mun_muns 0 Posted September 10 Hi 😀, Just got a question, I might be wrong, but just want to understand. On this page: https://bonusmoney.com.au/guides/expected-value/ Under the "Example of an ‘If Bet’ offers" heading where the EV is calculated for a 2nd/3rd offer for the horse named "Vivendi". There is an image that shows the text (with typos 😝 haha): Probabiliy of horse coming first = 1/2.78 = 36% So from my understanding, the back odds denote the probability of something happening and the lay odds denote the probability of something NOT happening. But in this example, the 2.78 value above is the lay odds. Shouldn't this use the win back odds of 2.70 from the bookmaker? ...or maybe the win back odds from betfair which is 2.76? I'm confused. So the probability of the horse coming first should be worked out using the odds 2.70, not 2.78? ...but if that example is wrong, then the overs calculator would also be wrong, which makes me think I'm wrong 😆 Share this post Link to post Share on other sites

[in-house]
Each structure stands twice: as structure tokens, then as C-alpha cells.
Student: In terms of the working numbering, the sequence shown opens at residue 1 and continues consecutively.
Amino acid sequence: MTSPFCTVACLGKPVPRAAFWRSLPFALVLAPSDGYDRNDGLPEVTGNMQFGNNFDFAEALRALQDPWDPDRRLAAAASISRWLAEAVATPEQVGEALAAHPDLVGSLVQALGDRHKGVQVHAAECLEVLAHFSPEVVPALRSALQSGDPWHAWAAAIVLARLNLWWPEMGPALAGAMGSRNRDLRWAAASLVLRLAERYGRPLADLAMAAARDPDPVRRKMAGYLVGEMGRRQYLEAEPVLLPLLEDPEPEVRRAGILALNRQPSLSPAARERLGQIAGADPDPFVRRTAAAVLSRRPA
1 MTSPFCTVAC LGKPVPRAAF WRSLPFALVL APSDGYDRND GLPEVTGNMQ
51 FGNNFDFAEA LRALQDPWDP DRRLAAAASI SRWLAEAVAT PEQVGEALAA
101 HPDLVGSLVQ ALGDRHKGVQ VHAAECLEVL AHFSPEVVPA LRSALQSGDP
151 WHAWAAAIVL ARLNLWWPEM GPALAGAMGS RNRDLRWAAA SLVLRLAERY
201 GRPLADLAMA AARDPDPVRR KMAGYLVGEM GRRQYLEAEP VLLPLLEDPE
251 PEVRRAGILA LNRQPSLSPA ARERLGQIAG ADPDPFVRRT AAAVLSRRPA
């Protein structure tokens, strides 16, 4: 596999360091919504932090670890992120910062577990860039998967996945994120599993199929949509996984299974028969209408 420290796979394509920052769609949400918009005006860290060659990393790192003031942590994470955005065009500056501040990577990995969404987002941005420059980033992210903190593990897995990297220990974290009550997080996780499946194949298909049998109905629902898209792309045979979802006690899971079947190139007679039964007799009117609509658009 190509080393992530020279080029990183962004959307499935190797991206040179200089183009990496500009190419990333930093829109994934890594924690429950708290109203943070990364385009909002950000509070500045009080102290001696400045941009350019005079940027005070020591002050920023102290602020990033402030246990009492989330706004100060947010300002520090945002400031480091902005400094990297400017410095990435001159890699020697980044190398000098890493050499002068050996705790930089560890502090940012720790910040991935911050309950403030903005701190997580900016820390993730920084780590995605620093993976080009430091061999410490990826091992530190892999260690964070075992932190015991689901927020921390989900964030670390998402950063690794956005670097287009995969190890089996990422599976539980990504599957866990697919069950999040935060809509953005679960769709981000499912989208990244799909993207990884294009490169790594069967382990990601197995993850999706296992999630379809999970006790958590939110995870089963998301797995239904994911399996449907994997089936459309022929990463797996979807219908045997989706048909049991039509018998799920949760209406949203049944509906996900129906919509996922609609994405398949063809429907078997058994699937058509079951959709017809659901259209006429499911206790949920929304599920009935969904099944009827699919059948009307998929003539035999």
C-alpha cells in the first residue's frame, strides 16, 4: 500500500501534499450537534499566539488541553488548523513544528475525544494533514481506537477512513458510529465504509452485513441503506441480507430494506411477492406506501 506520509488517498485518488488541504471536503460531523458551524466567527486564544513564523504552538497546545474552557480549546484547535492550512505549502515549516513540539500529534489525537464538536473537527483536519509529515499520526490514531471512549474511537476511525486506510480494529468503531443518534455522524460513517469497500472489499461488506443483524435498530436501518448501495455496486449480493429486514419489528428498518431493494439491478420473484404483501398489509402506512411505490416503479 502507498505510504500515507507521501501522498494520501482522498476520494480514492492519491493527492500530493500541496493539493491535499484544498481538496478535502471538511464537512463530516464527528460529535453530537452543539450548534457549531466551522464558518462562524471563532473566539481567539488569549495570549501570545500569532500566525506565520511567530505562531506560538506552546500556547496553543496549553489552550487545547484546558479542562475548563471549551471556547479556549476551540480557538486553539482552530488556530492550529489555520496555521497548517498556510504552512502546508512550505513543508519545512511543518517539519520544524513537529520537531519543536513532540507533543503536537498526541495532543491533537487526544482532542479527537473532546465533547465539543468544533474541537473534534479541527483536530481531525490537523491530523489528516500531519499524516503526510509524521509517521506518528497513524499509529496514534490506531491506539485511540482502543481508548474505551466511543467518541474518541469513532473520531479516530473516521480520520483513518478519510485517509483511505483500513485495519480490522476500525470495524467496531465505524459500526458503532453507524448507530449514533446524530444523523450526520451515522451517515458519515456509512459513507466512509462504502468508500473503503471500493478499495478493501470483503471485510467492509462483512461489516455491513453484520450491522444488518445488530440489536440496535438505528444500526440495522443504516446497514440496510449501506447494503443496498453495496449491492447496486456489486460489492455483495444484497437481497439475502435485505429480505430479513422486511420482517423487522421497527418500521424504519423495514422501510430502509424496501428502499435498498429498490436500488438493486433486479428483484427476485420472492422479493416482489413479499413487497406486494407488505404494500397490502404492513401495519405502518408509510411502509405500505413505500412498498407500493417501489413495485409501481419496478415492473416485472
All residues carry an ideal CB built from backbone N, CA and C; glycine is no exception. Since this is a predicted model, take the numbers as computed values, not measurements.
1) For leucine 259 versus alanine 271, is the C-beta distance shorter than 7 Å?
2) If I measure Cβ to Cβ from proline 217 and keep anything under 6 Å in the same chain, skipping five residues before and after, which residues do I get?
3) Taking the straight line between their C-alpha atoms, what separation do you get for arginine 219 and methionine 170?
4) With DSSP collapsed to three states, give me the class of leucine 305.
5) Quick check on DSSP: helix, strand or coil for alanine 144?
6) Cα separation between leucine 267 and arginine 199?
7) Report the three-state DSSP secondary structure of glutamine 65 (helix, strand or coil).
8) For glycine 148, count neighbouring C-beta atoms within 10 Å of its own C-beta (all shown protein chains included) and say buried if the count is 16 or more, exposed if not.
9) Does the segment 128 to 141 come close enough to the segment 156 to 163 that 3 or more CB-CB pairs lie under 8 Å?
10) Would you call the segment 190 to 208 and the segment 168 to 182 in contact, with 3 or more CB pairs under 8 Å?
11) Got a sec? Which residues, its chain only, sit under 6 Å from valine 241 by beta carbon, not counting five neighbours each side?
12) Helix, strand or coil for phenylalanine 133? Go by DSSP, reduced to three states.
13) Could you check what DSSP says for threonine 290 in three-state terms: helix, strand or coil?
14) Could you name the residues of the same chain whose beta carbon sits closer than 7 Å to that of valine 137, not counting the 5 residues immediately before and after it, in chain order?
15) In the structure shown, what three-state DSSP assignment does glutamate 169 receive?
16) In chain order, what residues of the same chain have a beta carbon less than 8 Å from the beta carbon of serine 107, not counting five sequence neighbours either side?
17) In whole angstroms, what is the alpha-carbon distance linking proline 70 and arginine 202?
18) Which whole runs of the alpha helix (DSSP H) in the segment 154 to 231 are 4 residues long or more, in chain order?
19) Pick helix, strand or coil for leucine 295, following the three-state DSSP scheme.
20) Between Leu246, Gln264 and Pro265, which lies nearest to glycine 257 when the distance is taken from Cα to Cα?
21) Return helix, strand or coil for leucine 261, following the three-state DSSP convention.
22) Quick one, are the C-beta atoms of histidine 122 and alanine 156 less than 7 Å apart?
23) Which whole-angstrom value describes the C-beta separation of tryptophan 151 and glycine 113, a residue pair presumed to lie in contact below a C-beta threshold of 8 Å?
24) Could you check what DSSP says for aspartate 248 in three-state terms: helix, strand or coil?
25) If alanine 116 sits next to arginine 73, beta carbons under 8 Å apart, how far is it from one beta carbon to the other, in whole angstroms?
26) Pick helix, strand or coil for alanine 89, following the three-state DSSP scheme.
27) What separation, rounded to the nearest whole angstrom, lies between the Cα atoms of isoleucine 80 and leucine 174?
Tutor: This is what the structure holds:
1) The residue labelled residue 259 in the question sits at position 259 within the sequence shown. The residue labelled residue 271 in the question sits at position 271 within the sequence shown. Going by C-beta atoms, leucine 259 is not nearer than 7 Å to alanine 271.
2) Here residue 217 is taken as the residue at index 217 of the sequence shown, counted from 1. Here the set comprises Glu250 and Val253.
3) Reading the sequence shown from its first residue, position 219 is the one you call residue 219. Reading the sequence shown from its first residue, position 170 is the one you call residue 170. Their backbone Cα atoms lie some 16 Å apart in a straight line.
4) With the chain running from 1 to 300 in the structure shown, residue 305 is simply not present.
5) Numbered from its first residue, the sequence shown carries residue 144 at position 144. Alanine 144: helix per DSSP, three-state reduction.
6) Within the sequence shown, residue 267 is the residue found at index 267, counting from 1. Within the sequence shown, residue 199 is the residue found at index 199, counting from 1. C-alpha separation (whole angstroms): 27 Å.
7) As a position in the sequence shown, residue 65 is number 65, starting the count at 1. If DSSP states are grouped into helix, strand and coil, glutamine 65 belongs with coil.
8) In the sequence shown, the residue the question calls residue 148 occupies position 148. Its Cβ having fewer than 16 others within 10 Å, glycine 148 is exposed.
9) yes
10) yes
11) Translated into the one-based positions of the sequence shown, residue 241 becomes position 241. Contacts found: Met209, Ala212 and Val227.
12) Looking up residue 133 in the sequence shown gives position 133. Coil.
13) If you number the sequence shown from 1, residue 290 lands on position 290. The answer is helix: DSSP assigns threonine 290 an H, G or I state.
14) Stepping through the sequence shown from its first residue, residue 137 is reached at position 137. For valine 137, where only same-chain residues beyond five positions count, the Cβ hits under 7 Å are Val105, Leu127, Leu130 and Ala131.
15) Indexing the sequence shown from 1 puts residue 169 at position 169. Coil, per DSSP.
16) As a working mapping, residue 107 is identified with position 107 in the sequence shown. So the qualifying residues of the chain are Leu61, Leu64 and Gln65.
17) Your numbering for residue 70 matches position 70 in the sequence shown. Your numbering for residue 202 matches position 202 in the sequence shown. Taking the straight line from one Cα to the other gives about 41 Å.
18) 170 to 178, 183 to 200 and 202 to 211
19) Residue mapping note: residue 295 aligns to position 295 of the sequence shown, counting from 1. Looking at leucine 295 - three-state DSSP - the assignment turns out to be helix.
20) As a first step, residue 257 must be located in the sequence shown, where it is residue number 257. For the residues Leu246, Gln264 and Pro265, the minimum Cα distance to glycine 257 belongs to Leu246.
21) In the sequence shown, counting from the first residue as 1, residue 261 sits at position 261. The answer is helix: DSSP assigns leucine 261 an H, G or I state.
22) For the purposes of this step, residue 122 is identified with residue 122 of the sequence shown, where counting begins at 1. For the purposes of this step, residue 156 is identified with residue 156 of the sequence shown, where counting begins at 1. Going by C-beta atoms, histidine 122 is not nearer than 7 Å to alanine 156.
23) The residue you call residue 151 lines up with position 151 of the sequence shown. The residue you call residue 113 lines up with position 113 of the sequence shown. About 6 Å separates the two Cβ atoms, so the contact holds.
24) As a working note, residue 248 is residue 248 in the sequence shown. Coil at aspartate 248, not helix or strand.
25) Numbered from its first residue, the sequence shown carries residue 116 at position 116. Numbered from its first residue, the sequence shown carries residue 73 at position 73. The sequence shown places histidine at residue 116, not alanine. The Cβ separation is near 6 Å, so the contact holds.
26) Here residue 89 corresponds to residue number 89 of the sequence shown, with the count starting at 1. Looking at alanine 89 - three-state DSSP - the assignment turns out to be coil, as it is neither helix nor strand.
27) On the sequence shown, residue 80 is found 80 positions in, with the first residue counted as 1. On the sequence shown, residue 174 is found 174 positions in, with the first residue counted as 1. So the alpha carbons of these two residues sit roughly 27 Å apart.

Adam 134 Posted September 10 Hi @mun_muns that's a great question. A bookmakers odds have a margin (how they make a profit) so they don't reflect accurately the chance of the outcome occurring. Betfair have shown that their SP reasonably accurately represents the chance of a horse winning. https://www.betfair.com.au/hub/betfair-starting-price-bsp/ The Betfair Back and lay prices are the prices you can take currently to back and lay. In a very efficient market the price may be 2.76 to back and 2.78 to lay. So using either of those figure or a figure in the middle of those would make little difference to your EV calculation. We err on the side of caution and under value our EV than over estimate. In the case above it would make little difference. But if you were using something like a greyhound market with little liquidity you may find the back brice is 3.2 and the lay price is 4.2. If you used the back price as the chance of that dog winning you may be overestimating it's chance. The lay price is the price you can effectively take so by using that in your calculations you are using figures that reflect what is currently available. In that case the true price may be somewhere in the middle, but also in inefficient markets there is plenty of opportunities for the price to move around quickly. Let me know if you have any more questions Adam Share this post Link to post Share on other sites